Charlotte Perkins Gilman 's The Yellow Wallpaper

Charlotte Perkins Gilman 's The Yellow Wallpaper

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Hidden away in her husband’s interpretation of care, the unnamed protagonist of Charlotte Perkins Gilman’s The Yellow Wallpaper is the embodiment of the struggles faced by women in 19th century America who are seeking freedom of thought from their male counterparts. Presented as, and widely seen and accepted as, a psychological horror or thriller story, it is apparent from a feminist point of view that it is a depiction of the state of women in the 19th century, and perhaps even of the author, Charlotte Perkins Gilman, who herself struggled living in a society run by males. This theme is made clear through the strength of John (the protagonist’s husband) as a character, the thoughts and writing of the unnamed narrator within her secret journal, and the environment in which she is forcibly placed. All together, these factors describe the imprisonment of women in the domestic sphere and gilded cage that they were expected to exist in and the control held over them by men.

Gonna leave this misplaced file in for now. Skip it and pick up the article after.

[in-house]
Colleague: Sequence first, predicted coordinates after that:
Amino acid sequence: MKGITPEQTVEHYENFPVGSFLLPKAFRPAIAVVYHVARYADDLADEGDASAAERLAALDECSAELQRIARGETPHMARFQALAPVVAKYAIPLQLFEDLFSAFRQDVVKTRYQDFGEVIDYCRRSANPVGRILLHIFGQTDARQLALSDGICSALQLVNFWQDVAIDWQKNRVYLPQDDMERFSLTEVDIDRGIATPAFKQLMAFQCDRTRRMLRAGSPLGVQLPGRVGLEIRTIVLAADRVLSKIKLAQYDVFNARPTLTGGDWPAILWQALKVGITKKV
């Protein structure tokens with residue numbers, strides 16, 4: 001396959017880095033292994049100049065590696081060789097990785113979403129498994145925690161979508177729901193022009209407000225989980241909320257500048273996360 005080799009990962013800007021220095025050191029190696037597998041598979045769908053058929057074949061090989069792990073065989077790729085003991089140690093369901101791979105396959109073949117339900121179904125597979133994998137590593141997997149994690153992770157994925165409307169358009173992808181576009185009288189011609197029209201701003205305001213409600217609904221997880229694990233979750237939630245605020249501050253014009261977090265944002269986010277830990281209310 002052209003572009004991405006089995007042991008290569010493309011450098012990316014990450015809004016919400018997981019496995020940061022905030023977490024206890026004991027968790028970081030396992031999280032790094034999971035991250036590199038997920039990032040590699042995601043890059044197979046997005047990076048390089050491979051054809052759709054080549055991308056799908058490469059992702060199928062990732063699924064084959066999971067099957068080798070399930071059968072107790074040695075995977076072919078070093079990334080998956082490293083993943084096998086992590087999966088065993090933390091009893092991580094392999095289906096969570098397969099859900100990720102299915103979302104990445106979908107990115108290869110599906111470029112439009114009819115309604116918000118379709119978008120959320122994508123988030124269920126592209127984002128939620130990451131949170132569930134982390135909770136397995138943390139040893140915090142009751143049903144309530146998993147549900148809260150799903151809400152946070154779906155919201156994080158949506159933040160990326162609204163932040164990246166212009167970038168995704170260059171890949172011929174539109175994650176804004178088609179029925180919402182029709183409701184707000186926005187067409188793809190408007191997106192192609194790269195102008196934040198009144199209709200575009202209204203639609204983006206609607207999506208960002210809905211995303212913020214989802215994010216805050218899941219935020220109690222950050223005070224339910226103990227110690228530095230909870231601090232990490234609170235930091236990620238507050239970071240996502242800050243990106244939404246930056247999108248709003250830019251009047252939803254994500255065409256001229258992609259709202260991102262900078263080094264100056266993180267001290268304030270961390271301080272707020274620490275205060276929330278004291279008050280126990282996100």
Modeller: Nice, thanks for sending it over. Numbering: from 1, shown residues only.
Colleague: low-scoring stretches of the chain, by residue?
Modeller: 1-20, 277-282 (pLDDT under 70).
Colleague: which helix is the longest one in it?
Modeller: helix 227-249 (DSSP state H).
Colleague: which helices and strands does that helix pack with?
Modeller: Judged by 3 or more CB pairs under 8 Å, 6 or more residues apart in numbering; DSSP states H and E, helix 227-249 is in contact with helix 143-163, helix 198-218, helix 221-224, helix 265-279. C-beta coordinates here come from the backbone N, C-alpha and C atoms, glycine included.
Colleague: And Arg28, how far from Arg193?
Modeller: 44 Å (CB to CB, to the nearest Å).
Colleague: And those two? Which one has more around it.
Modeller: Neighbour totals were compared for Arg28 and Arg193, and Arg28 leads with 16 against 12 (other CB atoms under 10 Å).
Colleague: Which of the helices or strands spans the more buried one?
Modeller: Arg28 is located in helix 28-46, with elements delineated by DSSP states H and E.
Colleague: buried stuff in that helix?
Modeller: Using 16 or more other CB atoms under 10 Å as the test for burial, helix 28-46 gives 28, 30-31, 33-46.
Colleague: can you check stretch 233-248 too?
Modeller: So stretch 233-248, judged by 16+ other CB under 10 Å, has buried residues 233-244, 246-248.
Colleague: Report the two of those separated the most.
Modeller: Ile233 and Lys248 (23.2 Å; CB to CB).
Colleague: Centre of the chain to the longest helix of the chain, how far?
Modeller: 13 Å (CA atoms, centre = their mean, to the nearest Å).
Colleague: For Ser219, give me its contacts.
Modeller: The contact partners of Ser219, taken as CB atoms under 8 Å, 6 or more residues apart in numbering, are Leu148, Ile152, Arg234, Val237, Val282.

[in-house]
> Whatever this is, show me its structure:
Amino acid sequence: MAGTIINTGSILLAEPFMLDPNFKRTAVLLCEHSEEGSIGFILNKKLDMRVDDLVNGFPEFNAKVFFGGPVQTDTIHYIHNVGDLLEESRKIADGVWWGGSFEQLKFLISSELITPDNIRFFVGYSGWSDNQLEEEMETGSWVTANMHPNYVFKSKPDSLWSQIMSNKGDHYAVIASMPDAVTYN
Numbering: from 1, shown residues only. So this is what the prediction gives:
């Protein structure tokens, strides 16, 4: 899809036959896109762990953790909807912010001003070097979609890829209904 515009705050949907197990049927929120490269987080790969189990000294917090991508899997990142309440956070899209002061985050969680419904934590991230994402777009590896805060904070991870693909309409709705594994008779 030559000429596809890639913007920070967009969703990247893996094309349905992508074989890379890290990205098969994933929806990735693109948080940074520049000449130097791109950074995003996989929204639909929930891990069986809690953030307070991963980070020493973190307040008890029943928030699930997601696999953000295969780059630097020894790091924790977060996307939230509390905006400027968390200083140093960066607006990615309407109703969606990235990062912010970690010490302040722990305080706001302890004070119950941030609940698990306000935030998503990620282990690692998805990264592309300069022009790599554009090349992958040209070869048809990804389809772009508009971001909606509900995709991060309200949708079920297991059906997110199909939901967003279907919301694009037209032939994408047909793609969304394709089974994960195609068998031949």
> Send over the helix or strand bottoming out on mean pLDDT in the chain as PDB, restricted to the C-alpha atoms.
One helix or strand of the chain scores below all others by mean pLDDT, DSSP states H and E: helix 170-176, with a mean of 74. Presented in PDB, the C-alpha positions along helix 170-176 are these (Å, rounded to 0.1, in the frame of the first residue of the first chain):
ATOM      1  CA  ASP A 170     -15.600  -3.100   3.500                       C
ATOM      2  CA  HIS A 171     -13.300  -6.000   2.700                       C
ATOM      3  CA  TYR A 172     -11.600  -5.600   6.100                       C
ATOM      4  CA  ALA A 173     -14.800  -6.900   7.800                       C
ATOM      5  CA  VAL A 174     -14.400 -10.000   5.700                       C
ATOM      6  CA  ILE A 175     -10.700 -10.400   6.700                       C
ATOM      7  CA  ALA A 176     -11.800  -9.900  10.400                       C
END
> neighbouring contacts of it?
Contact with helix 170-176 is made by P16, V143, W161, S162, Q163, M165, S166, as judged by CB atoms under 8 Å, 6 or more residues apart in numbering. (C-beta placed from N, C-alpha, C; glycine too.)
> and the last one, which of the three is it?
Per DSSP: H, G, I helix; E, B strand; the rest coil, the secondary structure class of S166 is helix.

Early on we the readers come to find that John is the epitome of a dominating spouse. He treats his wife as an inferior and as though she is nothing more than an object in their marriage, “John laughs at me, of course, but one expects that in marriage” (Gilman 1). In John’s mind his wife’s ideas and thoughts aren’t important enough to be taken seriously, and thus never gives her a second thought when she begins to mention her thoughts on the house and her deteriorating mental state. It is also clear from this statement that John’s wife brushes off his laughter because it is what is expected in society. Men are to take the thoughts and sayings of women with a grain of salt and dismiss them in order for their own ideologies to shine through and become what is predom...


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...erself from the strangeness of its pattern.
This all leads to the image of the creeping woman who is trapped behind the paper. The narrator’s mind is not freed until the end of the story, when she has peeled most of the paper from the walls of the room thus freeing herself from her husband, the house, the room, the wallpaper and societal norms, "I’ve got out at last in spite of you and Jane. And I’ve pulled off most of the paper so you can’t put me back” (Gilman 656). By accepting her thoughts and freeing herself from the paper that is her domestic marriage life the narrator has now become the one in charge of her own life and gains the power to resist further oppression from anyone else. The realization that she governs herself is a major shift in the narrator’s character, as she is coming to terms with herself while simultaneously descending further into madness.

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